If you're just starting out making videos - even if you aren't interested in HDDSLR movie making - you'd learn a lot from this class, as about 80% or more related to the equipment, software and techniques that apply to working with any video/film camera.

A couple of things that stood out for me; it's clear that Vincent doesn't believe in hand holding HDSLR's unless you're looking for a specific effect, or are constrained by space. Put it on a tripod, a mount or a steadicam seems to be his mantra. He isn't that enthused by shoulder rigs either. While giving a demonstration of Final Cut Pro, and talking about editing together a program and dealing with poor or missing footage, Ed - I missed his last name - the video editor observed that sometimes "Done is good".

News from Here & There

Consumer Reports on 3D TVs; don't buy one yet
Consumer Reports took a look at two Samsung LCD sets and a Panasonic plasma TV with 3D capability and were impressed. They say that the 3D images had excellent depth, color, and high-def details, creating a compelling 3D picture as good as a movie theater.
However, for consumers who are satisfied with their current HDTV and aren't burning to have the latest technology, Consumer Reports recommends waiting to buy. The price of 3DTVs and Blu-ray players is likely to drop, and there should be more 3D content to watch in time.
Panasonic's set performed better than the Samsung:
The Samsung LCD TVs displayed subtle ghosting of 3D images to varying degrees in different scenes. Such ghosting, technically called "crosstalk," indicates that the images for each eye aren't being kept completely separate, as they should be.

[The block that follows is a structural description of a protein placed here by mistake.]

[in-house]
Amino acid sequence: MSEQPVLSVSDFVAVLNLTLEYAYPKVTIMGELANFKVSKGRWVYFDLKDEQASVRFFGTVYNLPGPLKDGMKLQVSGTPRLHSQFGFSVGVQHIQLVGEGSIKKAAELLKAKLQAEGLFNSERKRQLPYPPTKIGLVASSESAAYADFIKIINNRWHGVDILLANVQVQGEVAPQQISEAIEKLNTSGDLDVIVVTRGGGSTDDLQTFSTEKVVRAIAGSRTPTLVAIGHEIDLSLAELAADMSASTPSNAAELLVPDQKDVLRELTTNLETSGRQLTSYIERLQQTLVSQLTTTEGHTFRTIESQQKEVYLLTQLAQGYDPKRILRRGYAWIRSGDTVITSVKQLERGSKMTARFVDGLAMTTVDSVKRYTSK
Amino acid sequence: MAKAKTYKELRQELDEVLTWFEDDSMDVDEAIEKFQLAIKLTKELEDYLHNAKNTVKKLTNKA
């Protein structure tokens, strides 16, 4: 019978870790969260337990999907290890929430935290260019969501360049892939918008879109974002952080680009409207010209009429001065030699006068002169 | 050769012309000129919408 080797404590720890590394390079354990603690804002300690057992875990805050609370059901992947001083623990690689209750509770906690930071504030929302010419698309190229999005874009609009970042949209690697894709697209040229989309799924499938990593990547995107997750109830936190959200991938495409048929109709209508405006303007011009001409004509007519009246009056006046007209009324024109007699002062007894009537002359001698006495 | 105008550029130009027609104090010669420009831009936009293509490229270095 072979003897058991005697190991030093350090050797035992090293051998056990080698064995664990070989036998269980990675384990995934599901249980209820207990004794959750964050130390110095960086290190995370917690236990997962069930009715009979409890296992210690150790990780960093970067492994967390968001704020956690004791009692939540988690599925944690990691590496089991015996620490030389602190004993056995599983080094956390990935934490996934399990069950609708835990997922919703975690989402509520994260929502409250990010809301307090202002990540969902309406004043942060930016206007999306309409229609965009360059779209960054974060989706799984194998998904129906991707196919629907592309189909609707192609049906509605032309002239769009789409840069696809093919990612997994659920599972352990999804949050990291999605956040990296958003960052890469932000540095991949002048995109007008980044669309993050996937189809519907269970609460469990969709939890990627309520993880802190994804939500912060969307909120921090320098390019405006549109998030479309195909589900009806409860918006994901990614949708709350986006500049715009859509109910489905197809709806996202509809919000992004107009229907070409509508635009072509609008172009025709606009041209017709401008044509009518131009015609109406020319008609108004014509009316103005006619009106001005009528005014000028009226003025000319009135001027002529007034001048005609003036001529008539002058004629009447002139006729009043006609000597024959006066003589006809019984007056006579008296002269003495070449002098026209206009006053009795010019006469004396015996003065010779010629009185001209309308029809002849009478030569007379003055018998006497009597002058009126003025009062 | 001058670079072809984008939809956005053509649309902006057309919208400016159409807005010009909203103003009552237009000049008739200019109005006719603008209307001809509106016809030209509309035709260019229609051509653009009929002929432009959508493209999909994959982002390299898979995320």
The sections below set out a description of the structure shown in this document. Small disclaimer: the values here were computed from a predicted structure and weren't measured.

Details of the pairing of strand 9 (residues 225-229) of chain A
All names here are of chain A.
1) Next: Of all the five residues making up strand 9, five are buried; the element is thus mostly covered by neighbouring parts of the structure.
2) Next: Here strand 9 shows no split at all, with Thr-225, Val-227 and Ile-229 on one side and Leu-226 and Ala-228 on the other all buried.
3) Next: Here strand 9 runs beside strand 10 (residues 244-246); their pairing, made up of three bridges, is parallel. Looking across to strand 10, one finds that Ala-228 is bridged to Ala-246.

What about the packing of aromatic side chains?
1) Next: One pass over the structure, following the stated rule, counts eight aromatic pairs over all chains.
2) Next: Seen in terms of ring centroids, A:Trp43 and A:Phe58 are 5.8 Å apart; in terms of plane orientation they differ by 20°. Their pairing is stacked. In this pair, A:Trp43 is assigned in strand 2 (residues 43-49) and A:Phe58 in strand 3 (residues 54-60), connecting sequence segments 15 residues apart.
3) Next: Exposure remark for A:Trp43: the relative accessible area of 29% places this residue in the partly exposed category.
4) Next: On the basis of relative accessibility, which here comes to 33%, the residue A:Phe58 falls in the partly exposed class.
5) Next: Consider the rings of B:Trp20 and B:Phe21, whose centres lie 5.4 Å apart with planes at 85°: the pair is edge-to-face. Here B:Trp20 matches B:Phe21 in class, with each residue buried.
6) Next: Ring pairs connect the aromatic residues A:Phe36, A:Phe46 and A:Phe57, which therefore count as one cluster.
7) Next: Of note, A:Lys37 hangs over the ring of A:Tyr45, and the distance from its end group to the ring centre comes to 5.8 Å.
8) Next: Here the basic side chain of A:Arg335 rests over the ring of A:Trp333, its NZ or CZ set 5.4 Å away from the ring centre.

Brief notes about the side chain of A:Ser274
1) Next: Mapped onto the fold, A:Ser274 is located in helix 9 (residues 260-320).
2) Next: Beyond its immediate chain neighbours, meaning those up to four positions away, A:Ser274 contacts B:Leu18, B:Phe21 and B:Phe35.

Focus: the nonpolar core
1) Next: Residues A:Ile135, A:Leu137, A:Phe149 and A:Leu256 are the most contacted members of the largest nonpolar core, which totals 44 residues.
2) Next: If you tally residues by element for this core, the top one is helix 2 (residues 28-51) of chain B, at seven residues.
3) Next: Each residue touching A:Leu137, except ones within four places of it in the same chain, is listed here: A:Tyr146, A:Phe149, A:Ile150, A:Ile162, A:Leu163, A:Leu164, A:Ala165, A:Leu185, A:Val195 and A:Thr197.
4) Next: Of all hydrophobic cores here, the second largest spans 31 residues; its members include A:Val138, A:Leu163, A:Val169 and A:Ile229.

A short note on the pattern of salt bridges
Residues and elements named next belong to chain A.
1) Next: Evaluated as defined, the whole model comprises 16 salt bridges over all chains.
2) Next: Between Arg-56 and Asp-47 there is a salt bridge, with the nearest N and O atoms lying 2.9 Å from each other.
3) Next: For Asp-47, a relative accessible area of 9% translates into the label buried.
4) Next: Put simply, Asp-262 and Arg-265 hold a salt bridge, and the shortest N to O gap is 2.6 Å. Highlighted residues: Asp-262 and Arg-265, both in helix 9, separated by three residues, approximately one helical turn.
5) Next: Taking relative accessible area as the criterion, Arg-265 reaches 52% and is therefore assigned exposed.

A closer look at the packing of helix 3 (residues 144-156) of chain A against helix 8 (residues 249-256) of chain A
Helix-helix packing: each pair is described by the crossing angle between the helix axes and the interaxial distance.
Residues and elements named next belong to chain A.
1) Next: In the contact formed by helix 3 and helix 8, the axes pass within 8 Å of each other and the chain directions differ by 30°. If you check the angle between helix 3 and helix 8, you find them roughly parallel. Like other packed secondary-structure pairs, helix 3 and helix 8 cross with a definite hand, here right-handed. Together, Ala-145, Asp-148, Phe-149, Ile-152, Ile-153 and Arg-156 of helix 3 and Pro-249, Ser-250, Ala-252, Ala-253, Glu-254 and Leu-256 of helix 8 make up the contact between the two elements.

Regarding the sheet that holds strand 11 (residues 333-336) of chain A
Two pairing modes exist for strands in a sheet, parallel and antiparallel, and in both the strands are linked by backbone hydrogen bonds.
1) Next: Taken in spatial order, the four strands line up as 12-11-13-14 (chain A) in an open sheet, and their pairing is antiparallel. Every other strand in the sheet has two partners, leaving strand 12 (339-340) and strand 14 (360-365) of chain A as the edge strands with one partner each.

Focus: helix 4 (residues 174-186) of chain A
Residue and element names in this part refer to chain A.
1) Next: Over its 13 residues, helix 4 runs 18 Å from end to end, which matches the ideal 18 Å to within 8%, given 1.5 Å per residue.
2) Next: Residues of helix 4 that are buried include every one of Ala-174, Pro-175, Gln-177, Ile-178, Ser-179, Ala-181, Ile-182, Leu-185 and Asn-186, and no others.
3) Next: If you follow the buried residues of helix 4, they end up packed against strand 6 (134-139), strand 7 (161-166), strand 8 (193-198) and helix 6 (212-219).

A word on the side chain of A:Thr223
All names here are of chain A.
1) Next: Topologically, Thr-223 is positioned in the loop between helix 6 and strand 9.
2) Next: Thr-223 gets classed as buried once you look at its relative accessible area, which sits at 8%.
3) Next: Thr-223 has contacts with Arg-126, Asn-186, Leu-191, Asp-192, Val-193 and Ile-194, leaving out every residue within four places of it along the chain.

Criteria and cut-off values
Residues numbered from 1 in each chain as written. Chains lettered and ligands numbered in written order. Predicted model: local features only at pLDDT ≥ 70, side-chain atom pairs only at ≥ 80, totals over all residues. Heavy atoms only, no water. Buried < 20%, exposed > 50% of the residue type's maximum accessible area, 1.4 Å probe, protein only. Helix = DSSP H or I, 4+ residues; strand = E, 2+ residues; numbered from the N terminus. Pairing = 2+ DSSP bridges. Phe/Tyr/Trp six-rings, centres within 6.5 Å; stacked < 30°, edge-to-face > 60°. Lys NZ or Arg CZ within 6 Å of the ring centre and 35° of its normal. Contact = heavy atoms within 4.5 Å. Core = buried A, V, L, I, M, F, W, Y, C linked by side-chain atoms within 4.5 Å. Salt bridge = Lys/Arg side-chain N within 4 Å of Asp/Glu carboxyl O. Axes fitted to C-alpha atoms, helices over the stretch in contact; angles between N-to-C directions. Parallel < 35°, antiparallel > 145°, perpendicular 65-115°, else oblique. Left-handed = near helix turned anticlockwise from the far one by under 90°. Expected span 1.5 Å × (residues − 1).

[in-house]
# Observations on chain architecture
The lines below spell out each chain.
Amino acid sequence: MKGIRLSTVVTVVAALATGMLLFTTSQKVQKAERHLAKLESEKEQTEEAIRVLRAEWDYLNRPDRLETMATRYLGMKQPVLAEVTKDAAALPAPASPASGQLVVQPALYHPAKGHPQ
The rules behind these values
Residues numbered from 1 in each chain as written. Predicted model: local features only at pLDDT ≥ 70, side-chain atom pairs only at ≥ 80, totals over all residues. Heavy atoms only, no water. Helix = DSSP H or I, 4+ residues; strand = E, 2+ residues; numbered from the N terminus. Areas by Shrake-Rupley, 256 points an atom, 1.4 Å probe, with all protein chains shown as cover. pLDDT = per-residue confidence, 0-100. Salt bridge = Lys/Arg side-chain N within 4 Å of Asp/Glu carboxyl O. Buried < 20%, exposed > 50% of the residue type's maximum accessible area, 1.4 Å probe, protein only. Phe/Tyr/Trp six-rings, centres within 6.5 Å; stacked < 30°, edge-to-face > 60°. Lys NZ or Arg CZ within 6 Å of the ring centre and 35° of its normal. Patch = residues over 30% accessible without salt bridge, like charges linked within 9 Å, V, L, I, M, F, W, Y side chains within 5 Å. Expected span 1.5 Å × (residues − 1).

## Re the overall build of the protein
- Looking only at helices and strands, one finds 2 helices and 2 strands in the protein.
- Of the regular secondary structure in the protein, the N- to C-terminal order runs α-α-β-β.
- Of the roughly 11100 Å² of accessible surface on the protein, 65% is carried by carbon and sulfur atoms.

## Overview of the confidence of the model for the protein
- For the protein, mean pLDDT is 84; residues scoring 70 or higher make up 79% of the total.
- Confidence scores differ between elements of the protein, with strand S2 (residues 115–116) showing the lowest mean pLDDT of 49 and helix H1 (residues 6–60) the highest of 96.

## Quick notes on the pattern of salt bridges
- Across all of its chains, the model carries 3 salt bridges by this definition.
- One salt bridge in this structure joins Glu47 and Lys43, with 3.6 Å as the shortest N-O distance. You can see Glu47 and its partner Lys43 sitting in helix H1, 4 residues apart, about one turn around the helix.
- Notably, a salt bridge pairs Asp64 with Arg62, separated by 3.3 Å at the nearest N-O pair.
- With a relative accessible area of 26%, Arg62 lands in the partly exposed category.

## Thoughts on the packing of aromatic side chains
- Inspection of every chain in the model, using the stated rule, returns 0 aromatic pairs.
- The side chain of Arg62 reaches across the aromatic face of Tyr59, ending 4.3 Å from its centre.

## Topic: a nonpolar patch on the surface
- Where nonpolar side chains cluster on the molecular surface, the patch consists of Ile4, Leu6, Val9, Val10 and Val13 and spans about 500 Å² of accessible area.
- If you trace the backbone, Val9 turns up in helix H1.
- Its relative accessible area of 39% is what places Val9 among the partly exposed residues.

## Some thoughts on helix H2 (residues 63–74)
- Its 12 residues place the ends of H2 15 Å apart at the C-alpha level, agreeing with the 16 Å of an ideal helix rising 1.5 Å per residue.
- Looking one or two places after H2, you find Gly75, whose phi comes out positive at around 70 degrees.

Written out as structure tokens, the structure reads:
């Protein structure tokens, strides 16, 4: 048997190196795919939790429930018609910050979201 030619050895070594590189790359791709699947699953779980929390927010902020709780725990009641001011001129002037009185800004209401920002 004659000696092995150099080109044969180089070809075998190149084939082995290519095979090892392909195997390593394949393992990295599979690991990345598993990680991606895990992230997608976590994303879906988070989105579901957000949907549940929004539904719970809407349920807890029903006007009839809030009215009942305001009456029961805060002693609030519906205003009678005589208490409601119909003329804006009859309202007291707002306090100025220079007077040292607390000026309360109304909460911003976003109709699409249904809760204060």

On the Samsung 7000 model, testers also noticed some cloudiness caused by uneven backlighting in darker scenes, which was a bit distracting. [...] both sets have a fairly narrow viewing angle, so picture quality degraded as the viewer moved off center.
The Panasonic had a virtually unlimited viewing angle, and might have the best motion resolution of any flat-panel TV CR has ever tested. However, they did think that Samsung's glasses were lighter and more comfortable to wear than Panasonic's. [And it turns out that Samsung glasses may work with Panasonic's sets; if you wear them upside down!]

Full results are published in the June issue on newsstands May 4 and online at

DVD-ripper roundup
MacWorld takes a look at DVD rippers for the Mac, and makes a stand on commercial DVD ripping:
We (and others) think that, if you own a DVD, you should be able to override its copy protection to make a backup copy or to convert its content for viewing on other devices

The print and web media time scales collide got all excited a week or so ago because the magazine PopPhoto made reference to a "Great New DSLR" that would be featured in their next issue. Except that now it turns out that the "new" camera is the Canon T2i. frostily notes:
the T2i isn’t considered “new” in the photography world
What they really meant was:
the T2i isn’t “new” in the internet world

Blackmagic announces support for Adobe CS 5
Blackmagic Design has announced immediate support for Adobe Creative Suite 5 (CS5) for its entire range of capture and playback products. A new software installer supporting Windows systems is available now for download from the Blackmagic Design web site, while the Mac OS X public beta version will be available later this week. These updates are provided free of charge for all Blackmagic Design customers using DeckLink, Intensity and Multibridge products.

New tougher HDTV energy standards take effect
PC World reports that on the new Energy Star 4.0 standard for televisions that took effect on May 1st. The maximum amount of power an Energy Star TV can consume will drop by about 40 percent.